The ex­perts weren’t kid­ding around when they awarded cheese­maker Amanda Good­man top prize for her cheese

TEN-YEAR-OLD EMILY GOOD­MAN has a spe­cial tal­ent. She can rec­og­nize and name ev­ery one of the 80 goats on the fam­ily prop­erty south of Mart­in­bor­ough by the pink­ness of their noses. It’s a skill that comes in use­ful when a re­source­ful kid man­ages to es­cape a pen, scale a fence, wig­gle in through the cat flap and nib­ble con­tent­edly on the scat­ter cush­ions. Emily can iden­tify the cul­prit.

Not that there is likely to be much pun­ish­ment for such kid­ding around. Emily’s par­ents Amanda and Lind­sey Good­man are com­pletely charmed by the mis­chievous na­ture of their friendly flock. “They’re part of the fam­ily,” says Amanda.

At first glance, their weath­er­board cot­tage built in the 1960s looks a typ­i­cal spec­i­men. Painted off-white, it sits close to the road on this 290-hectare sheep and beef farm. Con­crete stairs lead up to the ve­randa but closer in­spec­tion re­veals the pots of spring tulips at the front door have been bru­tally cut off in their prime. Gar­den­ing and goats are not nat­u­ral part­ners.

Amanda loves pas­tels, par­tic­u­larly pale pink and duck-egg blue, so the in­te­ri­ors with cork floors and pretty flo­ral fab­rics have a Cath Kid­ston-meets-Kiwi-ca­sual style. But be­fore set­tling into the rolledarm couch in the front room, be sure to take a sec­ond glance in case Gra­cie has made her­self at home in its cosy ca­pa­cious­ness. “Gra­cie was born six weeks pre­ma­ture so we hand reared her and she be­came very ‘humanized’,” ex­plains Amanda.

Shar­ing the sofa with the odd un­gu­late and ran­dom in­ci­dents of sac­ri­fi­cial veg­e­ta­tion does not de­ter the Good­mans. In fact, di­ver­si­fy­ing into goat breed­ing and cheese­mak­ing has been a bless­ing in ev­ery way.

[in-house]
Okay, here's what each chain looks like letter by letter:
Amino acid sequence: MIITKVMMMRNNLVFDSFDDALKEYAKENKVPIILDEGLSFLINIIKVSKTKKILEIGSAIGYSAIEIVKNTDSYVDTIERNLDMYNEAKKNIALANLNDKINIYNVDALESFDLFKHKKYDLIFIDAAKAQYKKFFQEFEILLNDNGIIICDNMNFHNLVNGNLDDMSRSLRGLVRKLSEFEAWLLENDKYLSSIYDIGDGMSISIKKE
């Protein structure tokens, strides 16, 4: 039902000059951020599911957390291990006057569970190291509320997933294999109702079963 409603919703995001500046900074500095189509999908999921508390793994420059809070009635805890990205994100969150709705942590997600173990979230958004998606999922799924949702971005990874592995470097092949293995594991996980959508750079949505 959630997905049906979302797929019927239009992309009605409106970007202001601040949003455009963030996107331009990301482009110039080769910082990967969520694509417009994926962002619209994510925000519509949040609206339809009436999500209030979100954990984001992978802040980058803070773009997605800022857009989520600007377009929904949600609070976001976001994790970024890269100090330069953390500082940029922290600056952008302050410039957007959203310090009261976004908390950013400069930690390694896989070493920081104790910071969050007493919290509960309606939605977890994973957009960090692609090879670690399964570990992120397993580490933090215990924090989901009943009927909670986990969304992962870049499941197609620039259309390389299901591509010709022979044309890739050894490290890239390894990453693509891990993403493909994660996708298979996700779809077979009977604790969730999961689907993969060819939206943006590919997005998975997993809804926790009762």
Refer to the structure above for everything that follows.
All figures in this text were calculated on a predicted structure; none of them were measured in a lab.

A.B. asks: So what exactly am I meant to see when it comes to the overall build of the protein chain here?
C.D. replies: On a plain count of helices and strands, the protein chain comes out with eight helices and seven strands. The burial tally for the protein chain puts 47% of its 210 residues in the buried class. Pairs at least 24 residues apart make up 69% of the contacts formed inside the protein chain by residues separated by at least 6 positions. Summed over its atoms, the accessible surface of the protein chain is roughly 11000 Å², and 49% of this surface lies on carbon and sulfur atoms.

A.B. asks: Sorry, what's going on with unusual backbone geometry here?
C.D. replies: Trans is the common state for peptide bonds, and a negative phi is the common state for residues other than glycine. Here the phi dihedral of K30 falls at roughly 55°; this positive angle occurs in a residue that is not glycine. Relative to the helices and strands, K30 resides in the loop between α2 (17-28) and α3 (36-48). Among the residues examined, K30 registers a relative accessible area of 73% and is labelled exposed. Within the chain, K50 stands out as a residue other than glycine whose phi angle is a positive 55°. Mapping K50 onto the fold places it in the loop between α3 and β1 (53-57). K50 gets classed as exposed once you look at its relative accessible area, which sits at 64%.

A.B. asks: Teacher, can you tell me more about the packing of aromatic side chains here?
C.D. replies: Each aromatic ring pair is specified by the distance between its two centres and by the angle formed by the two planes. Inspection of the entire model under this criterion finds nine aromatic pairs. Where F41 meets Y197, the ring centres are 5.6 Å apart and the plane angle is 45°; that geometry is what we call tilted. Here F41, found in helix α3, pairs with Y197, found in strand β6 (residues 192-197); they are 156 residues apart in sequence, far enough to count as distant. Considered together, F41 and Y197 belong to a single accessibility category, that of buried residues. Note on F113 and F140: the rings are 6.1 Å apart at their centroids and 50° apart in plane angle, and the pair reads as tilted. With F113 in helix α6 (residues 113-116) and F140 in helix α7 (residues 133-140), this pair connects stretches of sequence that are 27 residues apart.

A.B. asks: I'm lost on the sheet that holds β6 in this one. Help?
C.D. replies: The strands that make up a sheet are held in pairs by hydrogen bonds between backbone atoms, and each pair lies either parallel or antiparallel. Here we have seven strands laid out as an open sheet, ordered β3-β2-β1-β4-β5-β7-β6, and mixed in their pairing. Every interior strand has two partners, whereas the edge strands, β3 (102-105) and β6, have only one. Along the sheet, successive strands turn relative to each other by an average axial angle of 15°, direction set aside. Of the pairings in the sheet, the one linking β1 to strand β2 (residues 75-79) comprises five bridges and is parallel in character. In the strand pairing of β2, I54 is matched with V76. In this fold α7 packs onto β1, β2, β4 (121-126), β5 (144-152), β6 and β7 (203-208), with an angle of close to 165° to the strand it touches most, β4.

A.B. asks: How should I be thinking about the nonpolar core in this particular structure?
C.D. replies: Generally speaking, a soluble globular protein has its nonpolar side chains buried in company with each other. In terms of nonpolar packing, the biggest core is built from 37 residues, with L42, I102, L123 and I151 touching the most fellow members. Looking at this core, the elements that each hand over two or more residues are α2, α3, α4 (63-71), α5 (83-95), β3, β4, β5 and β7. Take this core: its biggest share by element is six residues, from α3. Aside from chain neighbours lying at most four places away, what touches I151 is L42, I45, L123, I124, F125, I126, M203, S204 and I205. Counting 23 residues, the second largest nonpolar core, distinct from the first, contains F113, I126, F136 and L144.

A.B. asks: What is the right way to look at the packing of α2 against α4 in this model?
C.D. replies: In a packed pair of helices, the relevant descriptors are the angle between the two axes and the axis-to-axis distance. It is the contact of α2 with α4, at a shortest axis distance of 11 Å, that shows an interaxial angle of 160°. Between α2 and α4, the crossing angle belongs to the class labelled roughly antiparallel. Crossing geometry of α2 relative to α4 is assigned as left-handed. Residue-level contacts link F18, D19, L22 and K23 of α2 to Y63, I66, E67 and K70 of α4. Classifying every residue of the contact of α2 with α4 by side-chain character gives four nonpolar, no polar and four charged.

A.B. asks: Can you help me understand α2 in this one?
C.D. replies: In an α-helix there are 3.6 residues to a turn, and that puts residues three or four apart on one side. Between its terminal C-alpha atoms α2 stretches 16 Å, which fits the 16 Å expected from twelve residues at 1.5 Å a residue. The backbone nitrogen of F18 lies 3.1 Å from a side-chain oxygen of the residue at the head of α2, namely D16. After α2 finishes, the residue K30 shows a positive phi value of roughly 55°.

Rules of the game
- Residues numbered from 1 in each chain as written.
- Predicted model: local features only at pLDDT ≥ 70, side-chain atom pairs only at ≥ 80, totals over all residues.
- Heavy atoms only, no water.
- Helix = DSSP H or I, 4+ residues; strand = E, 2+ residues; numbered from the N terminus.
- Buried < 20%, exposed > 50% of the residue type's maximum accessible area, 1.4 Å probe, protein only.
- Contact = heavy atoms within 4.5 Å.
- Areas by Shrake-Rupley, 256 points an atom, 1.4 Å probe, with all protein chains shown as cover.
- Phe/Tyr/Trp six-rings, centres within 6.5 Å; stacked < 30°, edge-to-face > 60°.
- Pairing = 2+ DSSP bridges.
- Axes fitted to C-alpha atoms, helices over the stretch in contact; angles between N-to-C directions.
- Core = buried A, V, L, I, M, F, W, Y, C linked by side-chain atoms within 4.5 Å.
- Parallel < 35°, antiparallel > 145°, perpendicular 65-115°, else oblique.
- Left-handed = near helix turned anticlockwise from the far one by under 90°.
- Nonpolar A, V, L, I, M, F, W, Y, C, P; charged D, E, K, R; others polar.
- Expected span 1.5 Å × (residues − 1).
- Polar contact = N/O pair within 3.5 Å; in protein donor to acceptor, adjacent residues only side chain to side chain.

‘For many, the tra­di­tional idea of goat’s cheese is tied to the whiff of smelly old socks. I re­ally get a thrill out of show­ing how mild and clean the cheese can taste’

Amanda’s par­ents, who own the farm and live in a house just over the fence, were part of the mo­hair boom in the 1980s. “I re­mem­ber play­ing with Pe­tra, my pet an­gora, who was an ab­so­lute char­ac­ter.” When the cou­ple’s chil­dren Emily (10), Sa­muel (8) and Phoebe (6) were old enough, she wanted them to have a sim­i­lar ex­pe­ri­ence. “I still had a han­ker­ing for goats so we got two as pets.”

It was the be­gin­ning of a beau­ti­ful friend­ship. All the chil­dren love the goats, but Emily is a nat­u­ral at an­i­mal hus­bandry. She keeps a spread­sheet of ev­ery new­born ad­di­tion and her grandma gave her a baby-name book to help in their chris­ten­ing. “Din­nertable dis­cus­sions around kid­ding time are al­ways very lively,” says Amanda.

Since there was no dairy co-op col­lec­tion of goat milk in the Wairarapa, mak­ing cheese from the rich milk gleaned from their grow­ing tribe of saa­nen and nu­bian goats was the next op­tion. Amanda, who has a de­gree in mar­ket­ing from Vic­to­ria Univer­sity, threw her­self into the re­search. While she stud­ied, she also at­tended a num­ber of short cour­ses at The New Zealand Cheese School in Pu­taruru.

For a while, the chil­dren were not best pleased. In­stead of the com­fort­ing aro­mas of bak­ing waft­ing from the kitchen, there were the slightly sour tones of milky mad­ness – and a sink and side­board piled high with stain­less pans. “There was a lot of trial and er­ror, learn­ing the milk and how to ad­just when there were en­vi­ron­men­tal changes.”

TH­ESE PAGES: At milk­ing time, the goats can’t wait to get onto the stand where they are fed a spe­cially for­mu­lated grain mix con­tain­ing maize, bar­ley, peas and mo­lasses; Lind­sey is fore­man of milk­ing then the rich, raw prod­uct is passed on to Amanda...

THIS PAGE: Keep­ing the goats well fed and en­ter­tained is a full- time re­spon­si­bil­ity. Here Lind­sey heads out on his four- wheeler to feed out hay. Lot­tie, a bri­tish alpine (above), takes a keen in­ter­est in the pho­tog­ra­pher. OP­PO­SITE: In the hay barn...

TH­ESE PAGES: Amanda is a fan of the shabby chic look and has dressed the farm­house with coun­try- style colour; Gra­cie grabs her chance to steal a grape from the kitchen ta­ble; in the kitchen, the butcher’s block was a wed­ding present from the cou­ple’s...

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